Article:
The Human Rights Network for Tibet and Taiwan yesterday demanded an apology from Taipei Mayor Ko Wen-je (柯文哲) for saying that Tibetan lamas were causing trouble for the Chinese government by self-immolating.
Ko on Wednesday said at a Taipei City Government briefing on public safety that self-immolation was a “trendy” thing to do among Tibetan lamas, adding that the behavior “caused great trouble for the Chinese government.”
Self-immolation is a public safety hazard and “not a very good way to commit suicide,” he said.
Photo: Liao Chen-huei, Taipei Times
“Why would anyone choose self-immolation to take their own life? That is weird. Why self-immolation? I do not get it,” he said, laughing.
Group president Tashi Tsering yesterday said that he found Ko’s remarks to be “infuriating” and impossible to understand.
Despite being an influential political figure, Ko appears to be oblivious to the suffering of people in Tibet, Xinjiang and Hong Kong under the authoritarian rule of the Chinese Communist Party, and uninterested in learning about the truth, he said.
“He is only willing to speak for the Chinese government and only worried that people’s protests would lead to inconvenience for the government,” Tashi said, adding that the mayor should apologize for his remarks.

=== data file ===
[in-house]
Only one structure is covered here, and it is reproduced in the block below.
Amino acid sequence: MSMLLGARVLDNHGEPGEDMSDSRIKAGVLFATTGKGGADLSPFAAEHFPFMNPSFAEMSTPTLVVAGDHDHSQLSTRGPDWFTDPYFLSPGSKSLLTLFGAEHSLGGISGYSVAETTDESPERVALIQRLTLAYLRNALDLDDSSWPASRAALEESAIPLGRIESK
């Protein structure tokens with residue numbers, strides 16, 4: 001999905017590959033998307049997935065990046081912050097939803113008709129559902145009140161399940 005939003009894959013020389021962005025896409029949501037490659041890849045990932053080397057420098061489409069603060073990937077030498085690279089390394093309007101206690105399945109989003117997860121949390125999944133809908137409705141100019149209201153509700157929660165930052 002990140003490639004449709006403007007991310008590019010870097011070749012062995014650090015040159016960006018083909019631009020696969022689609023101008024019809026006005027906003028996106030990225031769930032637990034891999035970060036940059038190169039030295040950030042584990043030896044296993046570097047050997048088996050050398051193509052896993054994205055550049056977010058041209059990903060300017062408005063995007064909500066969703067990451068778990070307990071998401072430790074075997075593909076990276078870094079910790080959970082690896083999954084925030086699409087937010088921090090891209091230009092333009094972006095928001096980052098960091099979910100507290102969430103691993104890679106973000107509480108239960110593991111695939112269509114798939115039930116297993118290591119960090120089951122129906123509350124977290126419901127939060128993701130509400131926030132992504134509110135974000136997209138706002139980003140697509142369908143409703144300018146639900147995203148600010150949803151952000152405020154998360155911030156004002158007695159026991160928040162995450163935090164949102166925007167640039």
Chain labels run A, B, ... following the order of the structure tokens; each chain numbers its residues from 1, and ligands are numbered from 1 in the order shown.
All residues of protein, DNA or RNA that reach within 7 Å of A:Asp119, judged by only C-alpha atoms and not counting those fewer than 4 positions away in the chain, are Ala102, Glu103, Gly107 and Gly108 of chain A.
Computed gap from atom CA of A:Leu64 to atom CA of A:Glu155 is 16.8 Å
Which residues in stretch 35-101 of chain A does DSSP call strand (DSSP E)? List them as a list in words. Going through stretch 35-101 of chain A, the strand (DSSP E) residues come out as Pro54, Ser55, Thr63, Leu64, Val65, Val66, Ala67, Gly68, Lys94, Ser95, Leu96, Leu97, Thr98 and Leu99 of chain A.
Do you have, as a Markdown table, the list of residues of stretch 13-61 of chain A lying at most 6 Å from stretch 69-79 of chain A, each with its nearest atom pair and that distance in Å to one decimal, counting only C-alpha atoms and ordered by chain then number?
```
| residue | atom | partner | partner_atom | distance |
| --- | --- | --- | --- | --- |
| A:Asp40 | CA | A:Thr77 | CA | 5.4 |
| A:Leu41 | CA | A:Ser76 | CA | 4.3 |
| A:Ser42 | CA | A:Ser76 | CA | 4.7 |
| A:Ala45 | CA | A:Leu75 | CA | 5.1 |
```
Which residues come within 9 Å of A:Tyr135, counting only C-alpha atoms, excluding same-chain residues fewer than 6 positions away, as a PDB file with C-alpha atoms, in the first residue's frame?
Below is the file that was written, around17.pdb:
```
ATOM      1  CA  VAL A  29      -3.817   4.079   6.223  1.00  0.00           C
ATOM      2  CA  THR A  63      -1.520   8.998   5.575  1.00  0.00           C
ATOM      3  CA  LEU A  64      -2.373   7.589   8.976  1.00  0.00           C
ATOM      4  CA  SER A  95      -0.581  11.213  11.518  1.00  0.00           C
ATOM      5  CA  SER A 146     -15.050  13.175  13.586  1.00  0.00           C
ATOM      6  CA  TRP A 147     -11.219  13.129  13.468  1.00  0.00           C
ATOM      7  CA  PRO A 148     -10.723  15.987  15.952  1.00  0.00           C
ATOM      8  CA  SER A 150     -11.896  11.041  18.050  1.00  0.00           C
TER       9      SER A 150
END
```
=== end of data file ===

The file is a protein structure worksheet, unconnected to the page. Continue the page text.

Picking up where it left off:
Tibetans have not chosen self-immolation to be trendy, but rather to stand up for people who are suffering, the group said, adding that many of them left behind a letter stating their beliefs and calling for freedom.
Ko’s remarks appeared to blame Tibetans for causing trouble while ignoring the Chinese government’s crackdowns on Tibetan religion, culture and human rights, said independent Legislator Freddy Lim (林昶佐), who is head of the Taiwan Parliamentary Group for Tibet.
Self-immolation has been the most poignant form of protest by Tibetans to safeguard their faith and dignity against the Chinese government’s relentless suppression, he said, adding that at least 159 Tibetans have self-immolated since 2002.
“Who chooses self-immolation just because it is a trendy thing to do?” Lim asked, adding that politicians should be more sympathetic.
During a question-and-answer session at the Taipei City Council yesterday, New Power Party Taipei City Councilor Lin Ying-meng (林穎孟) asked the mayor to take back his controversial remarks, which she said went against the city’s values of freedom, democracy and human rights.
Ko said that words spoken cannot be retracted, adding: “I am still not a fan of radical protests.”
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